As you may already know, most of my work is done right here in Davao City. Every once in a while I get to escape to another region of Mindanao, but even then it is likely that my experience will be limited to the inside of yet another board room. I miss getting in on the action. Recently the only filters that were distributed locally were installed while I was on vacation in Canada. Go figure.

The reality is that the greatest need is in an area that is just not very safe for me (another white dude was kidnapped recently). Add to that Bethany's work schedule, and my travel options are pretty limited for now. I want to make sure I don't sound like I'm complaining. I'm not. There is plenty to keep me busy here in town and I love the challenge of keeping this whole thing moving forward.

I bring this up because my absence in the field means that our readers no longer get much reporting from me in regards to the biosand water filters and their final destination. These filters are saving and changing lives and sometimes I forget to tell you that. I want you to do me a favor. I want you to check the Impact Nations website (not yet, keep reading). We recently began a project that is in the initial reporting stage right now and I want you to read the reports and see the pictures.

People from all over the world have been donating filters to very poor families who are living in a marsh and have literally zero access to safe drinking water. It costs $40 to bring a lifetime supply of safe drinking water to a family. The first batch of 50 filters are being installed this week and I am 100% convinced that we are rescuing lives.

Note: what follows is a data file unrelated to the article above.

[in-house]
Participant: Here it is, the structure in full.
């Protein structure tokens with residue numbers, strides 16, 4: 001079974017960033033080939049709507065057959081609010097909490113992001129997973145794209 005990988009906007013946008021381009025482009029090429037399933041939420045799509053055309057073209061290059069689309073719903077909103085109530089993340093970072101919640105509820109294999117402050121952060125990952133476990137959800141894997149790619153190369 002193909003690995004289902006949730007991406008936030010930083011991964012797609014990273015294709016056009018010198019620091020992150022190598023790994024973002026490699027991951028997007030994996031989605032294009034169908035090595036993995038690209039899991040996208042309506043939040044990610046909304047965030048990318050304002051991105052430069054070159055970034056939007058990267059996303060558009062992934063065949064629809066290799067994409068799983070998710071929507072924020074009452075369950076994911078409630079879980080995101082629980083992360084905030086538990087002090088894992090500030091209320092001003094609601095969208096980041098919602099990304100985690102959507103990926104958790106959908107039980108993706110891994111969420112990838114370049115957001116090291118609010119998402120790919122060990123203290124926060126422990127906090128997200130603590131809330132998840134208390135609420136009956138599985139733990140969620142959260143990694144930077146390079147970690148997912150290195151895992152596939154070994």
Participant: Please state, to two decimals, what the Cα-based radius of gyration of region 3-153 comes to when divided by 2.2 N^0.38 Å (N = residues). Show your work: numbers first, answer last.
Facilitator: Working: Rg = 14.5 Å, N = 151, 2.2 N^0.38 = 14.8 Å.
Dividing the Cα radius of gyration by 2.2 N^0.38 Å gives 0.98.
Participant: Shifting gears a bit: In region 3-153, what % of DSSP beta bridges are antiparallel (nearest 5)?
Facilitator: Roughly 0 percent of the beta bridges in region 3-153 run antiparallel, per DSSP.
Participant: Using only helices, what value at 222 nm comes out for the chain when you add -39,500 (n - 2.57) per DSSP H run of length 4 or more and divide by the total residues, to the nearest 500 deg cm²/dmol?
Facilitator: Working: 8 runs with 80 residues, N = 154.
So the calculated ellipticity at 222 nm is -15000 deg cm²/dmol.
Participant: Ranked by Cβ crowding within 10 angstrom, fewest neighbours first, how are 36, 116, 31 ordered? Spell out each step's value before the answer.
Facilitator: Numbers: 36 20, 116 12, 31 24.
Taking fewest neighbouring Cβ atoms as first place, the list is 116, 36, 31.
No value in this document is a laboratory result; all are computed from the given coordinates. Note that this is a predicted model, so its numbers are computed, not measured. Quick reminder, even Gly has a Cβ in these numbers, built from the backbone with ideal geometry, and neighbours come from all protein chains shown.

If you are reading this blog because you are a midwife or are midwife-curious, then you likely have a heart for mothers and children. Imagine a woman drinking nasty, bacteria-laden water throughout her pregnancy. Imagine a child being fed infant formula made with this same water (yes I know breast milk is best, but these folks don't have great midwives like you to tell them so).

This is sounding kinda heavy, but it probably should. Bad water is a big problem. Less than 50% of the population in the Muslim region (that spans three provinces!) has access to safe drinking water. People are suffering from terrible illnesses and some are dying. $40 per family stops it.

I'd like you to click on the link at the bottom of this page and see what I'm talking about. Seeing the reports that are coming in reminds me of why I do what I do. If you'd like to join the effort, consider giving a gift of clean water to a family for $40. If you think I'm not talking to you, then you are probably exactly who I am talking to. If you are already giving to Bethany and I, or have given to the water project, then you've already been a part of the impact and I thank you.

So without further ado, click here to see the project I am talking about (tip: if you sign up for the network and join the group, you will get a little email telling you when we have updated it—we will not spam you and we don't update it so often that it will annoy the heck out of you). In the unlikely event that you have no idea what I'm talking about, you may want to start by watching our short video about the filter.

Okay, I'm done getting in your face now. Thanks for listening.


Thursday, November 5, 2009

Hong Kong, I Hardly Knew Ye